abstract = "Language is a signature of our species and our primary conduit for conveying the contents of our minds. The power of language derives not only from the exquisite detail of the signal itself but also from its intricate link to human cognition. To acquire a language, infants must identify which signals are part of their language and discover how these signals are linked to meaning. At birth, infants prefer listening to vocalizations of human and nonhuman primates; within 3 mo, this initially broad listening preference is tuned specifically to human vocalizations. Moreover, even at this early developmental point, human vocalizations evoke more than listening preferences alone: they engender in infants a heightened focus on the objects in their visual environment and promote the formation of object categories, a fundamental cognitive capacity. Here, we illuminate the developmental origin of this early link between human vocalizations and cognition. We document that this link emerges from a broad biological template that initially encompasses vocalizations of human and nonhuman primates (but not backward speech) and that within 6 mo this link to cognition is tuned specifically to human vocalizations. At 3 and 4 mo, nonhuman primate vocalizations promote object categorization, mirroring precisely the advantages conferred by human vocalizations, but by 6 mo, nonhuman primate vocalizations no longer exert this advantageous effect. This striking developmental shift illuminates a path of specialization that supports infants as they forge the foundational links between human language and the core cognitive processes that will serve as the foundations of meaning.",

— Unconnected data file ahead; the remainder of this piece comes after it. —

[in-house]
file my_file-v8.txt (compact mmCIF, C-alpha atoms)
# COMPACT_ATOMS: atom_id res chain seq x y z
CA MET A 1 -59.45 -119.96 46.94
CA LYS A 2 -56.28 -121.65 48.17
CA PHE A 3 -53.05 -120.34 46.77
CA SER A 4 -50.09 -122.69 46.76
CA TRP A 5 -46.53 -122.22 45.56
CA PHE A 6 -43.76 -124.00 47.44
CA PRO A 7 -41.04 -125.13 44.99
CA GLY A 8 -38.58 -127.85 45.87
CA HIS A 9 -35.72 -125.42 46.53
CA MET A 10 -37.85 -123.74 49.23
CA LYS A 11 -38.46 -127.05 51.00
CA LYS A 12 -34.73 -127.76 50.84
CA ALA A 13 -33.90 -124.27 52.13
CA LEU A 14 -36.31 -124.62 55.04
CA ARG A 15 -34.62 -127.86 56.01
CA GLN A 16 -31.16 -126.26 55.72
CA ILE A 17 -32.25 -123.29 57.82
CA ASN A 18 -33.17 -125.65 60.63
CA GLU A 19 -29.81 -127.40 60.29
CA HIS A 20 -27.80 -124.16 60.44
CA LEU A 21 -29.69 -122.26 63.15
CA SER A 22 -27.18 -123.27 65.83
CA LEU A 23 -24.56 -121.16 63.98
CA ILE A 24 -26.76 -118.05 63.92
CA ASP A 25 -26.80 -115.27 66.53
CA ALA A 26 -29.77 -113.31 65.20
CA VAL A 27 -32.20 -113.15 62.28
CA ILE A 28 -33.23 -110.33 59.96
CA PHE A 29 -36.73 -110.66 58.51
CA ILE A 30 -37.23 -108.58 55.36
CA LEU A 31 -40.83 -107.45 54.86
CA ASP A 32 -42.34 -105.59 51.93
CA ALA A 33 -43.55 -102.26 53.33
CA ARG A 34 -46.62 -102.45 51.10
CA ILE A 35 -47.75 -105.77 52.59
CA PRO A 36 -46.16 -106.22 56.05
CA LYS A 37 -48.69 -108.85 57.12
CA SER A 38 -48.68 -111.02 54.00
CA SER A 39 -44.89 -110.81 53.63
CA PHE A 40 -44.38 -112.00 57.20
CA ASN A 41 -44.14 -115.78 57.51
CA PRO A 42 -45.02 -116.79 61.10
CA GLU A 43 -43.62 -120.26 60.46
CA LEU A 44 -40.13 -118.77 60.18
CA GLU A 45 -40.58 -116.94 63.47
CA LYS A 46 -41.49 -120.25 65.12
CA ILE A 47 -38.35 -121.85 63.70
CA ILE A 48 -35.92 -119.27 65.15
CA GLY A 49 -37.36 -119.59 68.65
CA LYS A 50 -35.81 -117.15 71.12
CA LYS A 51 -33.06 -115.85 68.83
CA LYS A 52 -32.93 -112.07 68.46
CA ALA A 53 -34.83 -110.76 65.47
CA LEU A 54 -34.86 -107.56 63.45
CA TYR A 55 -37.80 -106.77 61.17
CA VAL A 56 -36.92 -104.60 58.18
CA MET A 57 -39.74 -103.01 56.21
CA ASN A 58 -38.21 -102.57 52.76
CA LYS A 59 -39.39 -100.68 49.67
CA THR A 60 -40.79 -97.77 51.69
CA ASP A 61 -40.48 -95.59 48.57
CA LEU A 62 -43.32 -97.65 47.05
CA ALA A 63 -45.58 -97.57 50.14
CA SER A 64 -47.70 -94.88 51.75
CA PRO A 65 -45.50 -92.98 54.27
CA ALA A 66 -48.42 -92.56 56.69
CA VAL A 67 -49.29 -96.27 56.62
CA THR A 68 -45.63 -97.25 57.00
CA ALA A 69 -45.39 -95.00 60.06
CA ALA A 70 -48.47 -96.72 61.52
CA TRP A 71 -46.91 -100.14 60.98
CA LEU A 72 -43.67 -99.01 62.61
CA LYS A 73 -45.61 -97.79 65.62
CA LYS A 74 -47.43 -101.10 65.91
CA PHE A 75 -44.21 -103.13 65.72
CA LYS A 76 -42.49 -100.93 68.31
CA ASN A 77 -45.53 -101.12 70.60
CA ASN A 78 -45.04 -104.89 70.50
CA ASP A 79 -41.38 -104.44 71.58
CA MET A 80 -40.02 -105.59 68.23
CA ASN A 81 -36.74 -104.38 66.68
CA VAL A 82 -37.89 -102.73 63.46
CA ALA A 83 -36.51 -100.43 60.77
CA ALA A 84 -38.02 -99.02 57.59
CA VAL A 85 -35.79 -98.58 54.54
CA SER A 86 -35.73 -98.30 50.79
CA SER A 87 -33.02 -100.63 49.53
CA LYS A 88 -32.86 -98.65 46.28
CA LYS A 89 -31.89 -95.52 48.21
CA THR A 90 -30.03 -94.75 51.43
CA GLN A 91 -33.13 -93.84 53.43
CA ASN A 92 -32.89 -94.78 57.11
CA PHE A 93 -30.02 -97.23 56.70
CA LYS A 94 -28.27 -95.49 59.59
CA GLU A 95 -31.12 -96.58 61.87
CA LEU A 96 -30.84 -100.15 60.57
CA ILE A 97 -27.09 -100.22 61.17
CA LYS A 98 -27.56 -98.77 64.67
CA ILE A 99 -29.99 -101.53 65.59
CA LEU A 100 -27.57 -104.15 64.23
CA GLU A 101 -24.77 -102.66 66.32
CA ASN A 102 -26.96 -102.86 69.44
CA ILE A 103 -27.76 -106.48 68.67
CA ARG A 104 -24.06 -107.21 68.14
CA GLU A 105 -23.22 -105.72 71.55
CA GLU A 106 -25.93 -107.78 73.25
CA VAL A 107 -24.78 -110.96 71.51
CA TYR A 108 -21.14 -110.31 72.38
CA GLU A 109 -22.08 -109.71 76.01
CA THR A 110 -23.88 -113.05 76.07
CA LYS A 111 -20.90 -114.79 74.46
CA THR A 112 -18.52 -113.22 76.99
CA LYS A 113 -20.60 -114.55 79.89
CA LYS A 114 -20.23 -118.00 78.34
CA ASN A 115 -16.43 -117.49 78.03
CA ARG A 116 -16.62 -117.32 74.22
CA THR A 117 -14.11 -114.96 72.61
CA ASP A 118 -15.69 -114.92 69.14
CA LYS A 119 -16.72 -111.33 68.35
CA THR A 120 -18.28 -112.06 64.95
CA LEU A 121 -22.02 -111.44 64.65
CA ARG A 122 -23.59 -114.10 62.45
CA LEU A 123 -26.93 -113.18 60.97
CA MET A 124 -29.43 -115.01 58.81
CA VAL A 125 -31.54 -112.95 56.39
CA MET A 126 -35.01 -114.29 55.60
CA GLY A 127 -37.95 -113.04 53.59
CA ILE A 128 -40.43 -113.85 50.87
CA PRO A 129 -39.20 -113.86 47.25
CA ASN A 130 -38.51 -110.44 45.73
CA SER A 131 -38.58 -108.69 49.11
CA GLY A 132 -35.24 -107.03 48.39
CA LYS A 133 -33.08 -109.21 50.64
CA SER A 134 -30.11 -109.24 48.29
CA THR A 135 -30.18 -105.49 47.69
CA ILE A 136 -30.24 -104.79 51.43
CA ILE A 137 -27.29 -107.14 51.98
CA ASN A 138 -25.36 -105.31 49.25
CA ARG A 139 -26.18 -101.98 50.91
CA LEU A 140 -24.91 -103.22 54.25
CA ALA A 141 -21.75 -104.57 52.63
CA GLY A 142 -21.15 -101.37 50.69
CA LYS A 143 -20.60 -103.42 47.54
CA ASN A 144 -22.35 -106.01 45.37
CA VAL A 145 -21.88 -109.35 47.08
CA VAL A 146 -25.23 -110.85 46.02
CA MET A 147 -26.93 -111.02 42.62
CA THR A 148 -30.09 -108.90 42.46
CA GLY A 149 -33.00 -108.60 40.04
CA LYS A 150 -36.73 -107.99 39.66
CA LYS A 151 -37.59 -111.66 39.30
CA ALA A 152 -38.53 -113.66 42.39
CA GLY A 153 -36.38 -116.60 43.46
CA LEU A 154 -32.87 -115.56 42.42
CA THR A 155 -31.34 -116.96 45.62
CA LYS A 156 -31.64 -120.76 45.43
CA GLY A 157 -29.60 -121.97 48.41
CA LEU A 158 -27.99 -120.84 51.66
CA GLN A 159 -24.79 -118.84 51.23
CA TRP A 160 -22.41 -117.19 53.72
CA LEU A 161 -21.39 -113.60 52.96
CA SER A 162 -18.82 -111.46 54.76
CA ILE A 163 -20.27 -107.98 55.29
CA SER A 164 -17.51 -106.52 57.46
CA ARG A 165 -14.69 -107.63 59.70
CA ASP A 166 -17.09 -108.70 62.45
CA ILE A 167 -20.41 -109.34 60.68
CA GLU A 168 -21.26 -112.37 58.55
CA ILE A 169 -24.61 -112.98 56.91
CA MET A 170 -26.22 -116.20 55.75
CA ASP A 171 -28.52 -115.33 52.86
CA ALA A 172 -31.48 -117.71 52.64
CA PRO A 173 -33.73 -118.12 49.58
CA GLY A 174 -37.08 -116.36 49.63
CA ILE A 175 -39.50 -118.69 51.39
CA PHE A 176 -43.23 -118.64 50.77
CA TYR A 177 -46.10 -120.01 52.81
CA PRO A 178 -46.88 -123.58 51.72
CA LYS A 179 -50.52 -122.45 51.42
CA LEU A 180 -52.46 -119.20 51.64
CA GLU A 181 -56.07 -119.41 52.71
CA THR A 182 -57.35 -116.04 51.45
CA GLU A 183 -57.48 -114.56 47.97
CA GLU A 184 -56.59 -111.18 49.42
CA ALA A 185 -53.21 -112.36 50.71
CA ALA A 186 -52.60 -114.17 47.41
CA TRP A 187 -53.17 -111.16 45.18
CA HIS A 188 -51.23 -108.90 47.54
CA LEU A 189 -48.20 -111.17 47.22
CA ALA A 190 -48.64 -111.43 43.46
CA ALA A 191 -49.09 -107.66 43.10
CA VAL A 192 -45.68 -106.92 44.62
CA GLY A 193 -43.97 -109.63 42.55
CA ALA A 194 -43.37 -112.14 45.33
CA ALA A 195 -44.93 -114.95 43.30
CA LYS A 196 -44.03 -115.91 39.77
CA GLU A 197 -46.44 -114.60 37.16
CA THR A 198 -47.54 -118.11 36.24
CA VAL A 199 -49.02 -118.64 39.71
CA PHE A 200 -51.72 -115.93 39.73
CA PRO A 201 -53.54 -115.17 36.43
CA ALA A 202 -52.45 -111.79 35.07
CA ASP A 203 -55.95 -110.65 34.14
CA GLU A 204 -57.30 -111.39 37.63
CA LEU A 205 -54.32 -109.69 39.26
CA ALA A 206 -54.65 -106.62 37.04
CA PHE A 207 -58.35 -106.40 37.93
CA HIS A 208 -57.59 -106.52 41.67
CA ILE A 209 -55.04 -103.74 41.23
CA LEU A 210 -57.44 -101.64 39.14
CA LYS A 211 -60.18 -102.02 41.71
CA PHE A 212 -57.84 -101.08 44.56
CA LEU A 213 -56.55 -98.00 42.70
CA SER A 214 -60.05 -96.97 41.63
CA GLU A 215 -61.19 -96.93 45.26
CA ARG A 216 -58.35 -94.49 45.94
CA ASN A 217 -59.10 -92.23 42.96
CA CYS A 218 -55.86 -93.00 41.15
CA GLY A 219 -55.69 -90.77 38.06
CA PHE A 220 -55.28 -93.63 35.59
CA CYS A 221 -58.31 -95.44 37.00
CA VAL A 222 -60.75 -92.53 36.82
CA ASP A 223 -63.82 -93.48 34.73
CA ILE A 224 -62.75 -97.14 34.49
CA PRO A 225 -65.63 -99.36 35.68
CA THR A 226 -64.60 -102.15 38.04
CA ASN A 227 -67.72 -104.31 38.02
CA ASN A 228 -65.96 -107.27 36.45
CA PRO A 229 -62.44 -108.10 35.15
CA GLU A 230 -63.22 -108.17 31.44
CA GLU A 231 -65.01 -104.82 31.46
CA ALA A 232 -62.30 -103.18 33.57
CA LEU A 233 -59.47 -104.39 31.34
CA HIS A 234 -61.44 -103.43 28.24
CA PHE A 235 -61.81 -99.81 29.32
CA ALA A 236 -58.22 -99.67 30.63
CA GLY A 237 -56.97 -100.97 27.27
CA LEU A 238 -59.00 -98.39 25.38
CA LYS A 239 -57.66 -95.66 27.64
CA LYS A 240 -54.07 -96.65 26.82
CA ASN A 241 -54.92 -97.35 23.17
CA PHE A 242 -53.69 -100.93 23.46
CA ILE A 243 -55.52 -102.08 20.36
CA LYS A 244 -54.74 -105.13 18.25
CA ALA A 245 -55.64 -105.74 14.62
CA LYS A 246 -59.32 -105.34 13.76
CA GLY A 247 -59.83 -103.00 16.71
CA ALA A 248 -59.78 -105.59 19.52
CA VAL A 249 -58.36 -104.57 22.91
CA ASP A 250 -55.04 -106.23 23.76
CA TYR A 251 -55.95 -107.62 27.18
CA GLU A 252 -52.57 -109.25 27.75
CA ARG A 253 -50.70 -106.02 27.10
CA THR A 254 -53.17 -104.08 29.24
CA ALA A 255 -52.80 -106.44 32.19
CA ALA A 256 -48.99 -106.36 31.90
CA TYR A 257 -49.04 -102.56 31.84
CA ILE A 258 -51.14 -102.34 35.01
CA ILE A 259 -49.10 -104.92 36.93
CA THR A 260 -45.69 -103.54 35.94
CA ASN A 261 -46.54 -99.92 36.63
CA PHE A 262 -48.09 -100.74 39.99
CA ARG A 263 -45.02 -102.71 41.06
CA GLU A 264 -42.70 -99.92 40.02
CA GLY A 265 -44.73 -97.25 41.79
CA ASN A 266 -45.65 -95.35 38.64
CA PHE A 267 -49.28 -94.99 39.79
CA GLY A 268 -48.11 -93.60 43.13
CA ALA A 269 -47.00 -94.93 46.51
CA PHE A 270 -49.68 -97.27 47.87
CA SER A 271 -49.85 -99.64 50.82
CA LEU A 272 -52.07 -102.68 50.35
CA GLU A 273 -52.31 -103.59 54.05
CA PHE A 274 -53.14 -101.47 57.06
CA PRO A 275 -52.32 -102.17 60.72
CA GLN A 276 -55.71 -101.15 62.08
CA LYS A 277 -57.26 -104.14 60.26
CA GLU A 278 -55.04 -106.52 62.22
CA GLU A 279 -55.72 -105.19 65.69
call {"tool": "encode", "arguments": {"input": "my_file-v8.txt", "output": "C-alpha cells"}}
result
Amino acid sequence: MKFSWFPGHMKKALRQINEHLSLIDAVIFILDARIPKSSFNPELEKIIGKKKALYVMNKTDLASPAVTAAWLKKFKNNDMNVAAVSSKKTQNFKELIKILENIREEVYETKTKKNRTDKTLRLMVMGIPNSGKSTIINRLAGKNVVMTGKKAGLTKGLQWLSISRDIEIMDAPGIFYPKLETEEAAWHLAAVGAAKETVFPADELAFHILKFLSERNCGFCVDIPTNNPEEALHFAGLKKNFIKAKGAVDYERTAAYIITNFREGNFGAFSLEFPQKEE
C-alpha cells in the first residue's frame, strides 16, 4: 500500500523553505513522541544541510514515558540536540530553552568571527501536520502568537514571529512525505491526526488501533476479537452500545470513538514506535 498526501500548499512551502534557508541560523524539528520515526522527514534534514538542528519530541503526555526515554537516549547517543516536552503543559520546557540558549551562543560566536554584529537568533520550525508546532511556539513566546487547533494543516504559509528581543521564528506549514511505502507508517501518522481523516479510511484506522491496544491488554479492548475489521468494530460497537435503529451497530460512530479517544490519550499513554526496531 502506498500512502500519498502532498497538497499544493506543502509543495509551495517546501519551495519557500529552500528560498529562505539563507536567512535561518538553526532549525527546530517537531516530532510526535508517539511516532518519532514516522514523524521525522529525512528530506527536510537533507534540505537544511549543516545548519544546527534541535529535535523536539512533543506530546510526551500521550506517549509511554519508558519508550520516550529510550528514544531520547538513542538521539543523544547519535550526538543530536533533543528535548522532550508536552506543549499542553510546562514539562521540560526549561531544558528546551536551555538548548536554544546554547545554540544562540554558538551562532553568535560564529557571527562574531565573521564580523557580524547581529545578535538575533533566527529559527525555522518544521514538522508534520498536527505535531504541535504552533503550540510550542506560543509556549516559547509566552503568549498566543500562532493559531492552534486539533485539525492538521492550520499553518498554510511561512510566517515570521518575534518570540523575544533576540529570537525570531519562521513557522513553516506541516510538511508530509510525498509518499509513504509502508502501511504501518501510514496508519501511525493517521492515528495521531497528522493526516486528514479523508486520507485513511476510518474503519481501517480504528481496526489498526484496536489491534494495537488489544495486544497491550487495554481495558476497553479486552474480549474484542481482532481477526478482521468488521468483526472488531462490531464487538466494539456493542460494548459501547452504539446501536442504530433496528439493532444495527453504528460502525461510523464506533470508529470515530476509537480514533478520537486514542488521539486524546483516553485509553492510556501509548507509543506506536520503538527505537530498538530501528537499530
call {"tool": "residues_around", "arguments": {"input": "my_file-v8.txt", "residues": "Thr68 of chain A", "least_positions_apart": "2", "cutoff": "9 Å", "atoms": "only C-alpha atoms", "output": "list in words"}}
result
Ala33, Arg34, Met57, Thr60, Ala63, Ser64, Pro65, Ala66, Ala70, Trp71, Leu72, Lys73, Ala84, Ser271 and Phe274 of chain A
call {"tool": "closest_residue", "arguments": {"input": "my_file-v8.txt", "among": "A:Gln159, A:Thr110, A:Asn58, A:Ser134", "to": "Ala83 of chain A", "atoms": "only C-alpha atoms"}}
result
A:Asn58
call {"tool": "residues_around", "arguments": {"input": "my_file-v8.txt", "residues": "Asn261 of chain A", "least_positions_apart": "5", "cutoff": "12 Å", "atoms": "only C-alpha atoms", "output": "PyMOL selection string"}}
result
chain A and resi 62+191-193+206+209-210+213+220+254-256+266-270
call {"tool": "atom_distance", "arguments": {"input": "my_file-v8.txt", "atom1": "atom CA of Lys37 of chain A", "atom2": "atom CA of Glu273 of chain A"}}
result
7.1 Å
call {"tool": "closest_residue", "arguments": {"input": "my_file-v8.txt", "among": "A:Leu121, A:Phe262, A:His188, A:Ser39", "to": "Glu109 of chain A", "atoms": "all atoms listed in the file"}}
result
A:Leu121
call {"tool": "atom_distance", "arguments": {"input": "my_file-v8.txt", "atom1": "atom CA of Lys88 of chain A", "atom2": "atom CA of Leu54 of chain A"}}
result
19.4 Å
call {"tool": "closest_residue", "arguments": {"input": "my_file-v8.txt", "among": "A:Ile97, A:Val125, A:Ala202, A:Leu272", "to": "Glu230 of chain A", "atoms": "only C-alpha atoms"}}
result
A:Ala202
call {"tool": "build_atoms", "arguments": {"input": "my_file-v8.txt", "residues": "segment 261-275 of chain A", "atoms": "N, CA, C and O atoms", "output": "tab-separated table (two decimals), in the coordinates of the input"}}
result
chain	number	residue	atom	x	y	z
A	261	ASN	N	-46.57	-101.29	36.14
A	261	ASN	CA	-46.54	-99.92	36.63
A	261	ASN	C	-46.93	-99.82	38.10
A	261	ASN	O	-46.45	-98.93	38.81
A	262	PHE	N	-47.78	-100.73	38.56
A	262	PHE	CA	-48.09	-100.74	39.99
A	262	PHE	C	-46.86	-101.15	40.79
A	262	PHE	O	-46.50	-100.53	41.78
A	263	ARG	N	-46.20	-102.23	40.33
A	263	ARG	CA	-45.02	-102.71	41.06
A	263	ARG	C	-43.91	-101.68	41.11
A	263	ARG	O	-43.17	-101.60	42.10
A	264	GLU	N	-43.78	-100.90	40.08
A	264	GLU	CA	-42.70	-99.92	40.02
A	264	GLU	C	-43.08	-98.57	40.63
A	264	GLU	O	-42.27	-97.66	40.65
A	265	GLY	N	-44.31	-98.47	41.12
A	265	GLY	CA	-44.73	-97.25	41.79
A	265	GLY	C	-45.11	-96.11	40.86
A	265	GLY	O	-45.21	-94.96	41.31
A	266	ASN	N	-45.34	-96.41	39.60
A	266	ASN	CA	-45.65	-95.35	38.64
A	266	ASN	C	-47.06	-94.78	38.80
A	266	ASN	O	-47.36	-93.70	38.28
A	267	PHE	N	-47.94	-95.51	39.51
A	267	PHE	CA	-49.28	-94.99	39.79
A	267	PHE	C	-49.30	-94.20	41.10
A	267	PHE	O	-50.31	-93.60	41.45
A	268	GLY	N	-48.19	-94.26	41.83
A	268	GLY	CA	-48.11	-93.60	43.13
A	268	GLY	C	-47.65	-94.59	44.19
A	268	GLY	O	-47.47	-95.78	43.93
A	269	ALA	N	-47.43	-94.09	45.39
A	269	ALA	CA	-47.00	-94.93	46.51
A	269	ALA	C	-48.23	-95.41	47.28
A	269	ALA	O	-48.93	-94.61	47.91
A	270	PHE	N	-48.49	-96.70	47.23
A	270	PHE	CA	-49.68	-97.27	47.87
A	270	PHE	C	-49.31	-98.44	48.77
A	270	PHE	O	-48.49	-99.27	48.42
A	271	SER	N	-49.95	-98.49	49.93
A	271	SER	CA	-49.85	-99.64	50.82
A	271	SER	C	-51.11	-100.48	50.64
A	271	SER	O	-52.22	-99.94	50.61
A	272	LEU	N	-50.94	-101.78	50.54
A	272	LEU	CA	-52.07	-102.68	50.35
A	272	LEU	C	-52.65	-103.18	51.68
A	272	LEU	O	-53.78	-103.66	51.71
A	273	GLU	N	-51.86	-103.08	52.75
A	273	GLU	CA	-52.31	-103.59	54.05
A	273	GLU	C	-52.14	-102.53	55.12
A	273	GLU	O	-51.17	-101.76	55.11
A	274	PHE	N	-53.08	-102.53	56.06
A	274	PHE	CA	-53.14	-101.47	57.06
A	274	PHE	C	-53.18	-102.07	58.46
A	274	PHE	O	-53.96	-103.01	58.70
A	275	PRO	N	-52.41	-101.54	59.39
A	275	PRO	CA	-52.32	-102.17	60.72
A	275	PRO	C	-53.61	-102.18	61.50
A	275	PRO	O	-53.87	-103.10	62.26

keywords = "Conceptual development, Developmental tuning, Infancy, Language acquisition, Language and thought",
author = "Ferry, {Alissa L.} and Hespos, {Susan J} and Waxman, {Sandra R}",
year = "2013",
month = "10",
day = "17",
doi = "10.1073/pnas.1221166110",
language = "English (US)",
volume = "110",
pages = "15231--15235",
journal = "Proceedings of the National Academy of Sciences of the United States of America",
issn = "0027-8424",
number = "38",

}

TY - JOUR

T1 - Nonhuman primate vocalizations support categorization in very young human infants

AU - Ferry, Alissa L.

AU - Hespos, Susan J

AU - Waxman, Sandra R

PY - 2013/10/17

Y1 - 2013/10/17